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Interest-Based, Principled Negotiating

The world is getting a dose of old-fashioned, ineffective positional bargaining. The current occupant of the White House appears to be the primary practitioner. Those of us in the negotiation business had thought the technique had had a wooden stake driven in its heart decades ago. Apparently not.

Harvard Negotiation Project

It has been nearly four decades since Roger Fisher and William Ury of the Harvard Negotiation Project offered a far better alternative: Interest-Based, Principled Negotiating, in their ground breaking book, Getting to Yes: Negotiating Agreement Without Giving In.

Positional Bargaining

Most of us are familiar with positional bargaining.  One side prepares a series of demands and the other side responds. For instance, a union makes a series of demands on wages, benefits, and work environment. These demands are backed by a constituency who wants the negotiators to drive a hard bargain. After the union representatives present their demands to management, management prepares a response.  Management comes back with strength and offers a counter-proposal that is typically less than the union wants.

The union representatives walk away, consult with their members, and perhaps threaten a strike. They return with a counter-proposal.  Both sides see the other as adversaries and try to squeeze as many concessions from them as possible. Parties, who give in, are considered weak and soft.  Those who hold firm are considered strong.  At the end of the negotiation, both sides usually remain unsatisfied, already planning for their next conflict.

Principled, Interest-based Negotiation as a Better Alternative

Principled negotiation is a welcome alternative to positional bargaining.  Fisher and Ury list four steps to the method.

  1. Separate the people from the problem.

Whether coming from a position of strength or weakness, emotions can get in the way. People’s egos get entangled with the objective merits of a problem. In principled negotiating, people’s feelings are disentangled from the substance of the conflict. Emotional containment permits the problem to be attacked, not each other.

  1. Focus on interests, not positions.

A negotiating position often obscures what a party wants. Underlying every position is an interest, sometimes many interests. Interests deal with people’s underlying motives, needs, desires, concerns, and fears. An interest is what causes you to decide on a position — reconciling interests rather than positions works because most interests can be satisfied in a variety of ways.  When you look behind opposed positions for the motivating interests, you can often find alternative positions that will meet some of the interests of both parties. Behind the opposed positions lie shared and compatible interests, as well as conflicting ones.  Shared interests and differing interests provide the building blocks for a wise and lasting negotiation.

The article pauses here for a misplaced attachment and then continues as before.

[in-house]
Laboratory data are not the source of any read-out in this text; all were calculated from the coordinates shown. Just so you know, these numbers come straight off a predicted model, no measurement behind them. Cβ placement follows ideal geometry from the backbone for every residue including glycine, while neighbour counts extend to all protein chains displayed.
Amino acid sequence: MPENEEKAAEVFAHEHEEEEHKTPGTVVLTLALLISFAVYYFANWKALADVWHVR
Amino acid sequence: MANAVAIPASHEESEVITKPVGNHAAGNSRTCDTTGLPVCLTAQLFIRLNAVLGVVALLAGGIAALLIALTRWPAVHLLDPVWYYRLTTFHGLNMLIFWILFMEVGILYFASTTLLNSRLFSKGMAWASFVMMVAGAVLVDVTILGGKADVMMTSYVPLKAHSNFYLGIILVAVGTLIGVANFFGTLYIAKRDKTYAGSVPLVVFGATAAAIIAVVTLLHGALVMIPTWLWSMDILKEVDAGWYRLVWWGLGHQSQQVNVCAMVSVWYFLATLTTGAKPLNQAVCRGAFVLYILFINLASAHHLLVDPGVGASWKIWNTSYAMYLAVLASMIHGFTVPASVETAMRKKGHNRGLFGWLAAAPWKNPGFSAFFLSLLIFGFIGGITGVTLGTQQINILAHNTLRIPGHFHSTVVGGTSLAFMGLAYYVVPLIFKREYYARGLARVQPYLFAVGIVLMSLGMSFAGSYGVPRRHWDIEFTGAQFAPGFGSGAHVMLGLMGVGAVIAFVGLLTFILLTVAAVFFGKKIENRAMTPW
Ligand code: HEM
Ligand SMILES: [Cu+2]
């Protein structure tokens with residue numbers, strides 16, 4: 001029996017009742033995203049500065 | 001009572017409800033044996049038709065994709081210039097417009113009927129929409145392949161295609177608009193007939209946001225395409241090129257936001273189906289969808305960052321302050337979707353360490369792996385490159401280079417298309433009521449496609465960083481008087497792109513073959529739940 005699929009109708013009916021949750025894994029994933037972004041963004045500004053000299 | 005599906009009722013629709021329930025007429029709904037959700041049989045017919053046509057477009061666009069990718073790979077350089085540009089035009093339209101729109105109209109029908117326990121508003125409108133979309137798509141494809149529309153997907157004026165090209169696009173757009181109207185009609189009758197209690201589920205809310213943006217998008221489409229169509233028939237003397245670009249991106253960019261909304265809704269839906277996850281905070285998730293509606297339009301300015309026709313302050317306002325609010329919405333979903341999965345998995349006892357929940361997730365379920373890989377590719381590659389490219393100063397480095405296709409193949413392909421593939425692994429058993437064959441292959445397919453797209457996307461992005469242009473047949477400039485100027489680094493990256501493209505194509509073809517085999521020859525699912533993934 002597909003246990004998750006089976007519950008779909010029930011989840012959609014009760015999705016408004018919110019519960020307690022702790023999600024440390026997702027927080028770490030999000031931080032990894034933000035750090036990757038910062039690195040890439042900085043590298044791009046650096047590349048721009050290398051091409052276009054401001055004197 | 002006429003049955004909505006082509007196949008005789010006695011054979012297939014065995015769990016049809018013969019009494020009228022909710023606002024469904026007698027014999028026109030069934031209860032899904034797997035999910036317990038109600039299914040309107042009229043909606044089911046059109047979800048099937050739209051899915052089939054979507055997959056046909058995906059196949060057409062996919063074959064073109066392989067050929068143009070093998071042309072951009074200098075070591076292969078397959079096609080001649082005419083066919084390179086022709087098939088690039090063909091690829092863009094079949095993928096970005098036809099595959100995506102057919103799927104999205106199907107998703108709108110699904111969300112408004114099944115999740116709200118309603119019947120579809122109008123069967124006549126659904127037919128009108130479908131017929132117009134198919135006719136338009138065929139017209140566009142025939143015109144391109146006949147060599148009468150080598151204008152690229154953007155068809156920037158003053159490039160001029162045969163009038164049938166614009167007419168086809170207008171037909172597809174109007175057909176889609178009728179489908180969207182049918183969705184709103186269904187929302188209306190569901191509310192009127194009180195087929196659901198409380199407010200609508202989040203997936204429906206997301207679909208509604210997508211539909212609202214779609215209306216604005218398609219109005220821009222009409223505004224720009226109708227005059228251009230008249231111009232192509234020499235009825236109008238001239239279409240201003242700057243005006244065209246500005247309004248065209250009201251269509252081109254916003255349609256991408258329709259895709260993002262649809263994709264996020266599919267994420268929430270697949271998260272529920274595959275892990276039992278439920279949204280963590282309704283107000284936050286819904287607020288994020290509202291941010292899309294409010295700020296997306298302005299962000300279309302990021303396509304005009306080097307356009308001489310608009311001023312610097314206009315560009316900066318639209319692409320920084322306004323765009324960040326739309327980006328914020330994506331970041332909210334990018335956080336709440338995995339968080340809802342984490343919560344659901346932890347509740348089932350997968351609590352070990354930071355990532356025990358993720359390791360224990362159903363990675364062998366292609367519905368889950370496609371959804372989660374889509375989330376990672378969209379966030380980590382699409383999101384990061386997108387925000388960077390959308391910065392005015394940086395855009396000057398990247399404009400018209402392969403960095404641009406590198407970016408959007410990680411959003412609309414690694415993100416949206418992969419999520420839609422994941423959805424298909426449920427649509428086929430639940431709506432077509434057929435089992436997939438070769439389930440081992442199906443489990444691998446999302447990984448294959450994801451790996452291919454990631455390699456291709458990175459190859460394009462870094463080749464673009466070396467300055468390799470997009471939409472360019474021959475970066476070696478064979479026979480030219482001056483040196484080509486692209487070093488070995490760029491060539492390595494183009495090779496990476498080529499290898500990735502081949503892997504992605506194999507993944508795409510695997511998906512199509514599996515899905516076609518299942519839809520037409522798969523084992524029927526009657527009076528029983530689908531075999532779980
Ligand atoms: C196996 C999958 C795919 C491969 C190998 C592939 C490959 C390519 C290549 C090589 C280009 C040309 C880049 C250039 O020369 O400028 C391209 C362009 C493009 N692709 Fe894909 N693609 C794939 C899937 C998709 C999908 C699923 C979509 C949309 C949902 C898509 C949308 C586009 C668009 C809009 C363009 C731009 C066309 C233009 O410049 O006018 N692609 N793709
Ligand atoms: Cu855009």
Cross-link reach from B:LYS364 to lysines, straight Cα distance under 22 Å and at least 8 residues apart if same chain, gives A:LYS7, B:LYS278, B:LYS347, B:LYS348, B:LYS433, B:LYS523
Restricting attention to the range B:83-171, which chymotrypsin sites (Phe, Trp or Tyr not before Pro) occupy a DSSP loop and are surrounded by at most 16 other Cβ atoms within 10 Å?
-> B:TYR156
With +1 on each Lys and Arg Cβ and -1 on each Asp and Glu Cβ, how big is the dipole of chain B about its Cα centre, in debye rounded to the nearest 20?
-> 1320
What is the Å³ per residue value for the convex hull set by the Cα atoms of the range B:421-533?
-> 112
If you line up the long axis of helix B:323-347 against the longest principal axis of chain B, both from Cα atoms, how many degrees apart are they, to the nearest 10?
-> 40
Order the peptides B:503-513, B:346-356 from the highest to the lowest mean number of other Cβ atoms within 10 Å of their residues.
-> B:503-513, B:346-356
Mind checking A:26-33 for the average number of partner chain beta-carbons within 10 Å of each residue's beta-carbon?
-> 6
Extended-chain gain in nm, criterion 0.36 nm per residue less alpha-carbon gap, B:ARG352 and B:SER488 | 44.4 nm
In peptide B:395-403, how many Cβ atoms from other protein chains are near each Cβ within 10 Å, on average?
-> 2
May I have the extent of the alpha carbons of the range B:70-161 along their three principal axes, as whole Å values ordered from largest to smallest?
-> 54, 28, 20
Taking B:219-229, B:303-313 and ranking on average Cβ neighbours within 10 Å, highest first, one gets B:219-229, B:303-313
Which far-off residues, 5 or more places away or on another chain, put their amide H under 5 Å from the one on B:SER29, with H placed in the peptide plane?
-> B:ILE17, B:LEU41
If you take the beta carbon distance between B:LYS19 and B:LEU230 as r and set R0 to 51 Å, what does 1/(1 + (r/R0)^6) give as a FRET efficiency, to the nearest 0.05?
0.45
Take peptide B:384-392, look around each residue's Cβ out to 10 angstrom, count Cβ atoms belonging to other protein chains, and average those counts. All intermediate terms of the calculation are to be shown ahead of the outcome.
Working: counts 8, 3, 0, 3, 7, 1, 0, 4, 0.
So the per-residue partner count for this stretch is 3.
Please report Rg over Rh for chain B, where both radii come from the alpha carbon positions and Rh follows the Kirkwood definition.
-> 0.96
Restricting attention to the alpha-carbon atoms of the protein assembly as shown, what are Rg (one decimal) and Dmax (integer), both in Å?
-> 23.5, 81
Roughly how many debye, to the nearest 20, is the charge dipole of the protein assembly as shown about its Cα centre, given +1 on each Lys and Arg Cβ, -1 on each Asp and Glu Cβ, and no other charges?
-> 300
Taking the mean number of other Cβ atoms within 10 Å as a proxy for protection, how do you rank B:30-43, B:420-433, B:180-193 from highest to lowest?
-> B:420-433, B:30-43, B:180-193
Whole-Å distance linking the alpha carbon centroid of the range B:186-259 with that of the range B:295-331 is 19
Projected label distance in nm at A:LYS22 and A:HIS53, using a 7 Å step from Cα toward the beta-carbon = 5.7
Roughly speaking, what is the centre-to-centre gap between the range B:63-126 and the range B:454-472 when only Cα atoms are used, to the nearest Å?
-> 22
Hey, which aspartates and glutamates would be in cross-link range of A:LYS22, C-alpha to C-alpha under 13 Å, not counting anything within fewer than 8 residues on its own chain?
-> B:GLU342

1. Generate a variety of possibilities before deciding what to do.

Invent options for mutual gain. Brainstorm. List. Avoid premature judgment. Avoid searching for a single answer.  Engage everyone in generating options. Invite the group to note the most promising ideas. Strengthen those. Tweak them. Name whether underlying interests are likely to be met. Point out that there may be more than one best solution. Positional bargaining often leads to parties getting stuck.  In principled negotiating, people are freed to be imaginative. Principled negotiating engenders collective imagination.

  1. Insist that the result is based on objective criteria.

The final step is to identify objective criteria to evaluate options. Optimistic talk about win-win solutions does not conceal the reality that often interests conflict. Neither does bullying. Differences cannot be swept under the rug for long. Positional bargainers attempt to deal with differences by talking about what they are and are not willing to accept.  Hard bargainers give bottom lines and arbitrary deadlines. They stake out extreme positions well beyond what the other party wants in the hope that the other party will be “weak” and cave. Soft bargainers make generous offers seeking to preserve peace and friendship. In both scenarios, the negotiation deteriorates into a contest between wills. Rarely is the negotiation efficient or amicable.

The solution is to negotiate on the basis that is independent of the will of either side—that is, by using objective criteria.  The selected solution should be based on principle, not pressure or whim that fails to stand the test of time.  Identifying the appropriate objective standard reduces the role of emotions in the negotiation. It engages the creativity and imagination of the parties again.

Positional bargaining rarely advances our interests when we bring deep hopes, fears, and passions to a negotiation. With positional bargaining, a problematic negotiation frequently sets the stage for future conflict.  When using interest-based, principled negotiation, not only can practical outcomes be achieved, the results can be healing. Mutual problem solving can replace protracted conflict.

Principled negotiating is not always successful. Sometimes parties’ interests do not intersect. However, whether negotiating international treaties between global powers or a spat among neighbors on where to locate a new park, interest-based, principled negotiating can be remarkably effective.  Conflict is inevitable, but it need not be toxic, debilitating, or ineffective.

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